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Italian brand growth a priority for Fiat Chrysler

Right-hand drive version of the Dodge Dart compact sedan won't make it to Australia.

Building the Alfa Romeo and Fiat brands are the priorities for the man charged with overseeing the Fiat Chrysler group in the Asia-Pacific reason. And that rules out a right-hand drive version of the Dodge Dart compact sedan, at least for this generation of the car, given it shares much of its undperinnings with the Alfa Giuletta already on sale here.

Mike Manley wears many caps within the Fiat Chrysler group. As the boss of Jeep and Asia-Pacific head of Fiat and Alfa, he’s also the man responsible for the vehicles coming to Australia. And the Dodge brand doesn’t figure in that planning as he looks to rationalise the number of marques and models in the group’s line-up.

“Dodge has basically become a North American brand,” Manley says. “Progressively I’ve removed Dodge from markets around the world. I’ve taken it out of Europe, I’ve taken it out of China. That said, Dodge is a loved brand in Australia, whether it’s the American heritage or the muscle cars … so the theory is yes, in practice you can never say never.

“We’re looking at how we develop the portfolio with which brands to make sure we have a viable product plan for our dealers and us to grow our business. And I think in that area, Alfa Romeo has huge potential. “The jury is out in terms of right-hand drive Dart, because there are other options for us. You take Giuletta, Viaggio at the moment is only left-hand drive, but that’s a great car too…”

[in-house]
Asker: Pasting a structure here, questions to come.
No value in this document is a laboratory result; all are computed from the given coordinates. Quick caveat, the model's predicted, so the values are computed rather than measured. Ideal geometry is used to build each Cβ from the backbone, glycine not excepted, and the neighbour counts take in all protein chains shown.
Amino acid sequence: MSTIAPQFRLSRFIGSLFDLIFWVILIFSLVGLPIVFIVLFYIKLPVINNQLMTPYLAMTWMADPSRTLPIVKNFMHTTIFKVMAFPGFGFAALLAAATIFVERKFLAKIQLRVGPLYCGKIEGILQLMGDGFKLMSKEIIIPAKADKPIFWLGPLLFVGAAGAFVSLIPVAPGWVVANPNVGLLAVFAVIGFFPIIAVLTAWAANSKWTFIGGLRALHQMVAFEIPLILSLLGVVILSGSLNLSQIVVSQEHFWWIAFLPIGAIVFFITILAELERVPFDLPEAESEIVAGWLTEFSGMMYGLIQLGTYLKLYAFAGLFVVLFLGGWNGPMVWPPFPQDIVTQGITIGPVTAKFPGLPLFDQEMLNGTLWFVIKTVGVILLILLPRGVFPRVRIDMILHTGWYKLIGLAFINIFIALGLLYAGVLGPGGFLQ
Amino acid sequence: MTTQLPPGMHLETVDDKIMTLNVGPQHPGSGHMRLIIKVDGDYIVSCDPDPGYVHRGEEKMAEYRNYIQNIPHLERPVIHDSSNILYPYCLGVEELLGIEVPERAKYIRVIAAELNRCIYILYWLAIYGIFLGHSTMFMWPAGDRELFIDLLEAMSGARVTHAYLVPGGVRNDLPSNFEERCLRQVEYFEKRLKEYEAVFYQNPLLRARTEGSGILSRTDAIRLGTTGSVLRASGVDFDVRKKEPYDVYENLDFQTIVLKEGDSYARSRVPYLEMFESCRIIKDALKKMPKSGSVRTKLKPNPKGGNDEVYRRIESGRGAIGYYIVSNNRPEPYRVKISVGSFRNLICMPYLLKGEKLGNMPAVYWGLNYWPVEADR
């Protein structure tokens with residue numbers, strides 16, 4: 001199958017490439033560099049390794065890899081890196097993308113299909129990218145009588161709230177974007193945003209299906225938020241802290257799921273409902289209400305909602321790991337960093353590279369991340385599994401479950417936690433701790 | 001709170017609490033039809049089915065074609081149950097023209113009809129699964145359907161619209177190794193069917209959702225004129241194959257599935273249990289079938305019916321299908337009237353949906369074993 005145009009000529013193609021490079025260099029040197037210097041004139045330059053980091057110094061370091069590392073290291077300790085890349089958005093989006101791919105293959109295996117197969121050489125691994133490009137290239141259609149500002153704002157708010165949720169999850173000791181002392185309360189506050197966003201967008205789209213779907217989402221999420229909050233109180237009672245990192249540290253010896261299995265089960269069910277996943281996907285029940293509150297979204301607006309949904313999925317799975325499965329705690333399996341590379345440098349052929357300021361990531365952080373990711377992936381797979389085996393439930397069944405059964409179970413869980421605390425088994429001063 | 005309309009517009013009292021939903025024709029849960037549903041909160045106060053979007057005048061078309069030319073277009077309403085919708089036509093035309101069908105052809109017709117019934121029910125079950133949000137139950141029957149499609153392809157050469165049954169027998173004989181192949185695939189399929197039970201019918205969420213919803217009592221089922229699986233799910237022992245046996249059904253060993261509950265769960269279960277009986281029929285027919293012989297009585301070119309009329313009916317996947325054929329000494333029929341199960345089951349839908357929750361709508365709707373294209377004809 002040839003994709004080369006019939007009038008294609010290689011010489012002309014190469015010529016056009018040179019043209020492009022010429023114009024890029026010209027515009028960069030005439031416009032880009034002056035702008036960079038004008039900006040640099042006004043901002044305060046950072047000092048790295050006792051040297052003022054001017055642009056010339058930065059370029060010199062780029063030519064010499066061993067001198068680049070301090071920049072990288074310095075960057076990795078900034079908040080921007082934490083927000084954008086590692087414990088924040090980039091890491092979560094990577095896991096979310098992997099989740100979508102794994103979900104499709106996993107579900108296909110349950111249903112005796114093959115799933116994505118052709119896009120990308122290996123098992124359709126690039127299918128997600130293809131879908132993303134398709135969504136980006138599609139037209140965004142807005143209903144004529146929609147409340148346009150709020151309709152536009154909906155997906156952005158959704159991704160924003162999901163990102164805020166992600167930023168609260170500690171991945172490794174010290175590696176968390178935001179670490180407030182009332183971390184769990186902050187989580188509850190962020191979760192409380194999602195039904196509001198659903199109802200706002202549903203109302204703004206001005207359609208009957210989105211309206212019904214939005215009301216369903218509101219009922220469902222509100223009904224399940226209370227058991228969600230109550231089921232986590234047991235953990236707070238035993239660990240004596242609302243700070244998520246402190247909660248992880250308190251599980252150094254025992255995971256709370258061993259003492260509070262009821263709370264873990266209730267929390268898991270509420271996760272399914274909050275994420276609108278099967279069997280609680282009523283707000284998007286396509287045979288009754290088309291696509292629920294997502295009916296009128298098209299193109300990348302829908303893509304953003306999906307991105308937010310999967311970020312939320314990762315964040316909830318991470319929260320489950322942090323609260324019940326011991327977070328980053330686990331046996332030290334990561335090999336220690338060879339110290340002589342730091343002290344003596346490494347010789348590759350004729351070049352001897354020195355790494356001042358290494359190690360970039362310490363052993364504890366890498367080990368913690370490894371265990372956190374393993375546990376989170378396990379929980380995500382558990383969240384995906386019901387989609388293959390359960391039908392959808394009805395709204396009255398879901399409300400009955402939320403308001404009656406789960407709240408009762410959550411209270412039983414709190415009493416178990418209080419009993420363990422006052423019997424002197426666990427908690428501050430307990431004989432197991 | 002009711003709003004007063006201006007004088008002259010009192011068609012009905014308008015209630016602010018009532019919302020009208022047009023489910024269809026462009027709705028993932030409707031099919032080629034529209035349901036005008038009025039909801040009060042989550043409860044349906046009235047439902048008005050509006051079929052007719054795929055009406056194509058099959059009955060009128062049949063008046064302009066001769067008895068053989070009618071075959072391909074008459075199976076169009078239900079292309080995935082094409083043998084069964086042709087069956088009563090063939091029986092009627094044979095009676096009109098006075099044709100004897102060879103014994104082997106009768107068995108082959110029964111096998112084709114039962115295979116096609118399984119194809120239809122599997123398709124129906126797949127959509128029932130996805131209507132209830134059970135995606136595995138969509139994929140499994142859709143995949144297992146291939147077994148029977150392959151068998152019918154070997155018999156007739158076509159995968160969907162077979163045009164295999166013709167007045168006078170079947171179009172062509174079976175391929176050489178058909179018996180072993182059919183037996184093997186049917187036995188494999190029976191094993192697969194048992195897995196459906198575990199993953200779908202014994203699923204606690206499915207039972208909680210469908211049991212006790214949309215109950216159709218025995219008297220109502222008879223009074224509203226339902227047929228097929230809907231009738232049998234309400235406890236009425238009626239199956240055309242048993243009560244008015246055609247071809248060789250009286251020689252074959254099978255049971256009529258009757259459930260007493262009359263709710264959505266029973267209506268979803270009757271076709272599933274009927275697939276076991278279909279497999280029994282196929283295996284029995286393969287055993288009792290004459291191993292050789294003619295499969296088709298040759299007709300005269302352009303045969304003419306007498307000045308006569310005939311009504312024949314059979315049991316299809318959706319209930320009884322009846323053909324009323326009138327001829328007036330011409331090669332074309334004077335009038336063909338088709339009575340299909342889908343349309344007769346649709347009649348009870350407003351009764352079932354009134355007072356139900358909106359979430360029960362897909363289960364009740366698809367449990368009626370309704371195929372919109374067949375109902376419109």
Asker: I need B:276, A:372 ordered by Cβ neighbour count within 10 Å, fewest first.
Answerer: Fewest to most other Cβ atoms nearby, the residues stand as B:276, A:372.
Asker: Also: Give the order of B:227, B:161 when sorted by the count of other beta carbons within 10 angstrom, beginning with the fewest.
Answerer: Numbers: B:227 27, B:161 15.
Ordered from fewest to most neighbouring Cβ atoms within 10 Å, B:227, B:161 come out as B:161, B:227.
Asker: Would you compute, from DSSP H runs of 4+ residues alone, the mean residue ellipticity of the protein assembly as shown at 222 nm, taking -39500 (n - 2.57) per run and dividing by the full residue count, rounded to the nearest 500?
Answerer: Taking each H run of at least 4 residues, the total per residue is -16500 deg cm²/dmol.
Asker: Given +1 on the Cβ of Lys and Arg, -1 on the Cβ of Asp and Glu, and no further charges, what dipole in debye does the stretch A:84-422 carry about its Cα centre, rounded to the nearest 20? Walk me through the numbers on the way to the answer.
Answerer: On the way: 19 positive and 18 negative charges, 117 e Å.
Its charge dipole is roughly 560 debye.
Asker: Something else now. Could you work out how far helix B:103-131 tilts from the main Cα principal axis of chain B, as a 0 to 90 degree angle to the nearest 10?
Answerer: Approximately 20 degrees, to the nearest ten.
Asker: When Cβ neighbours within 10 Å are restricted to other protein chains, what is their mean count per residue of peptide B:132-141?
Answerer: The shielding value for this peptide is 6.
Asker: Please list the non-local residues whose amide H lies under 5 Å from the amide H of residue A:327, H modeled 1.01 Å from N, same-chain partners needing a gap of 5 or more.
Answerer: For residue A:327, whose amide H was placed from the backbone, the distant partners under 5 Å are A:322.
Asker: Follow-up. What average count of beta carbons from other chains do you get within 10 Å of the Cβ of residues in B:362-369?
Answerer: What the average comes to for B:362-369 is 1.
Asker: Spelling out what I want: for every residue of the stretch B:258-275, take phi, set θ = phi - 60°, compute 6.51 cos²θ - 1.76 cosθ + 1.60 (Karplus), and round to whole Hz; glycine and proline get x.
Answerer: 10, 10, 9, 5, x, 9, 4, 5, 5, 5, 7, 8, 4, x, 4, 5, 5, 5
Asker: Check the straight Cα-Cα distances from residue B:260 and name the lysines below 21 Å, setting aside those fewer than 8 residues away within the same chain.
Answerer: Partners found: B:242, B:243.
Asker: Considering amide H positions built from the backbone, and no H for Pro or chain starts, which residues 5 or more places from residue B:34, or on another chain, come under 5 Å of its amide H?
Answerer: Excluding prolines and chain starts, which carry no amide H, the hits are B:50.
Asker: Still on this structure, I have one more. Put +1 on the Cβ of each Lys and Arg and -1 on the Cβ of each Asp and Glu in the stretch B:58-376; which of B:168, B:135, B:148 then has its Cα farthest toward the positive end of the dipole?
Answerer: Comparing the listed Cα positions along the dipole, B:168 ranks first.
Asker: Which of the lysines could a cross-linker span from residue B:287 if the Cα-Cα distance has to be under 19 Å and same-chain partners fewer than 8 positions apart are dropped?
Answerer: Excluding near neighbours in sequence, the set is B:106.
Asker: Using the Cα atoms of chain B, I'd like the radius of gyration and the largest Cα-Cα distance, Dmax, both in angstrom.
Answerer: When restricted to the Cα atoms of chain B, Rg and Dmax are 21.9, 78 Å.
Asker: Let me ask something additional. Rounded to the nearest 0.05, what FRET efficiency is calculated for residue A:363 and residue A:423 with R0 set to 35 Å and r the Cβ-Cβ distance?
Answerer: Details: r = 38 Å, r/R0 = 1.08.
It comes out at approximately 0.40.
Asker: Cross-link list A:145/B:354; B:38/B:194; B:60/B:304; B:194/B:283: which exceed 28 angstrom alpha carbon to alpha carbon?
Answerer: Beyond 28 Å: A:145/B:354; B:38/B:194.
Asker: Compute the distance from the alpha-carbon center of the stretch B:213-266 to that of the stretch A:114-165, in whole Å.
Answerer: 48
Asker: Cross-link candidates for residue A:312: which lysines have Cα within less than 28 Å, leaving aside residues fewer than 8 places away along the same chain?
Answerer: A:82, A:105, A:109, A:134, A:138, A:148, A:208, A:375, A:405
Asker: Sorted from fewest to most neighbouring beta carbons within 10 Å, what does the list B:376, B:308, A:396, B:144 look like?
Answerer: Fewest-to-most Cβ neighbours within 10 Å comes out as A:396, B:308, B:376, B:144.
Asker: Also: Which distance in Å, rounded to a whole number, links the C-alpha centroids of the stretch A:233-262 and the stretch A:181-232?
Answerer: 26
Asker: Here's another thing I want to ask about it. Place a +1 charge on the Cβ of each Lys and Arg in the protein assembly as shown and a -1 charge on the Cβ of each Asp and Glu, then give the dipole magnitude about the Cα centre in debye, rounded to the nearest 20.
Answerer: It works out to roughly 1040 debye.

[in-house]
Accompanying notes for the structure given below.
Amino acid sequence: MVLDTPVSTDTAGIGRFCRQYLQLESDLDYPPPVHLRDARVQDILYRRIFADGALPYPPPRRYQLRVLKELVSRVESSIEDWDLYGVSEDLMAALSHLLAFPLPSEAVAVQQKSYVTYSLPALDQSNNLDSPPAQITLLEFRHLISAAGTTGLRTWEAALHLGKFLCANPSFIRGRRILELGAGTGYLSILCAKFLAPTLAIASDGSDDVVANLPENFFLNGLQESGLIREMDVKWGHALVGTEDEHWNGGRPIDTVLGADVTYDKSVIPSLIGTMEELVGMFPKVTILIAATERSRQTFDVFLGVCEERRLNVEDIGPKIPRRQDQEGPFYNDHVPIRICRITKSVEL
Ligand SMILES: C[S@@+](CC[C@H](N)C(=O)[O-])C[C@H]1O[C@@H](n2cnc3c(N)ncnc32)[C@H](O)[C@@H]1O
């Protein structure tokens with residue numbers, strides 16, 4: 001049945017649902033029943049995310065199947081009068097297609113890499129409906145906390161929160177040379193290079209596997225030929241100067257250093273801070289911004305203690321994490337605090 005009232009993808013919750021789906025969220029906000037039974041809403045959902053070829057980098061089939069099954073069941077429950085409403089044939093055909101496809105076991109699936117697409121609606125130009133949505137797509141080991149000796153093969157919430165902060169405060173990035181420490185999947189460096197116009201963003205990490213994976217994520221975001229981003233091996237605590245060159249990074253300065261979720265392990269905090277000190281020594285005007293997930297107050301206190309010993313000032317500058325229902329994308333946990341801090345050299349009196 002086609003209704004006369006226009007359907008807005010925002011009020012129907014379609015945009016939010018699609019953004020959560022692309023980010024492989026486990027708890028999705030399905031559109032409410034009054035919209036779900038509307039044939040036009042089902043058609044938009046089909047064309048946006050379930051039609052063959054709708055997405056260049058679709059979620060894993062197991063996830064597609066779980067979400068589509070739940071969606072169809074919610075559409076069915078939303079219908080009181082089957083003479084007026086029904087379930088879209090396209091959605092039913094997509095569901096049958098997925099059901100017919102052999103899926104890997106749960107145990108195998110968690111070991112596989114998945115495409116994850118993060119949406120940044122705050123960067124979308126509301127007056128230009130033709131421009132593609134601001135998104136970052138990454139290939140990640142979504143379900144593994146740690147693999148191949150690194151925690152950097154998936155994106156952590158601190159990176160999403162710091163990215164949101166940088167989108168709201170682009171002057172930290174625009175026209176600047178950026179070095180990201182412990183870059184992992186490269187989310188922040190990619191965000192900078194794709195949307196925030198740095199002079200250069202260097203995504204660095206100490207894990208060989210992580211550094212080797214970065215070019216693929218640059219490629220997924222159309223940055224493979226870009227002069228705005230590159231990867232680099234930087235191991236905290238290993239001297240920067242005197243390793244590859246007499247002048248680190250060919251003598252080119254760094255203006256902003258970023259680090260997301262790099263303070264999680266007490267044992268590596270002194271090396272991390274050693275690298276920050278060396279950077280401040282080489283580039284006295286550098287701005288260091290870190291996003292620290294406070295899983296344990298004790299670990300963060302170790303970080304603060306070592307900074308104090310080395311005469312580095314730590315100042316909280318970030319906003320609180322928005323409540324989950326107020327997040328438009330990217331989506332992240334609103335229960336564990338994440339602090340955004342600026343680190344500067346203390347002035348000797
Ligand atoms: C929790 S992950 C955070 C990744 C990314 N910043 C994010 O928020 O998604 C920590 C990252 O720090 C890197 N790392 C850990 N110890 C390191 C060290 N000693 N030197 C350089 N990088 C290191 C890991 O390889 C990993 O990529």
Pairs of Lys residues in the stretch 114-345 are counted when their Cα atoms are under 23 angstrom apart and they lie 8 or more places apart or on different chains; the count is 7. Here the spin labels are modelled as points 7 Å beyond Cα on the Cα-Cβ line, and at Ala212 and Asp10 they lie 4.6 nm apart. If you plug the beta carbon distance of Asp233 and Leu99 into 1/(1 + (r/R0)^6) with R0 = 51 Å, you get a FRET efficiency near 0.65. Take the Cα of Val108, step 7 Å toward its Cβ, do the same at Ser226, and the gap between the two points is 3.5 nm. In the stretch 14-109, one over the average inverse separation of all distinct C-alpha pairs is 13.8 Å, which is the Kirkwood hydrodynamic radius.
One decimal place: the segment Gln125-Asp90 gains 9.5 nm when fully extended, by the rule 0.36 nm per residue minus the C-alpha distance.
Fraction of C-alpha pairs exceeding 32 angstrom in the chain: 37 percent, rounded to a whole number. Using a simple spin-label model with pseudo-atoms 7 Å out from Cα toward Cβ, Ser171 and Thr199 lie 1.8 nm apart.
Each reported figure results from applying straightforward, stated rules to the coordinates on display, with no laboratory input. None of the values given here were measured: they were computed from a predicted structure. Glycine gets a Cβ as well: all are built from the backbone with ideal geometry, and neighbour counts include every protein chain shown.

The Fiat-badged Viaggio is a restyled version of the Dart, meaning it also owes its existence to the Giuletta platform. The Viaggio is the spearhead for Fiat’s push into China and goes on sale next month. A move into India - and another 1.2 billion aspirational auto owners - is the logical next step for the Viaggio. Indian cars are right-hand drive, which would give Fiat’s Australian operation access to a vehicle that would be much easier to base a business case on.

Fiat Chrysler Group Australia spokeswoman Lenore Fletcher is more open in the company’s aims. “If it has a steering wheel on the right hand side, we’ll look at it,” she says. “We’re doing that now as part of the takeover (private importer Ateco sold the Fiat and Alfa brands until May 1 this year) process.”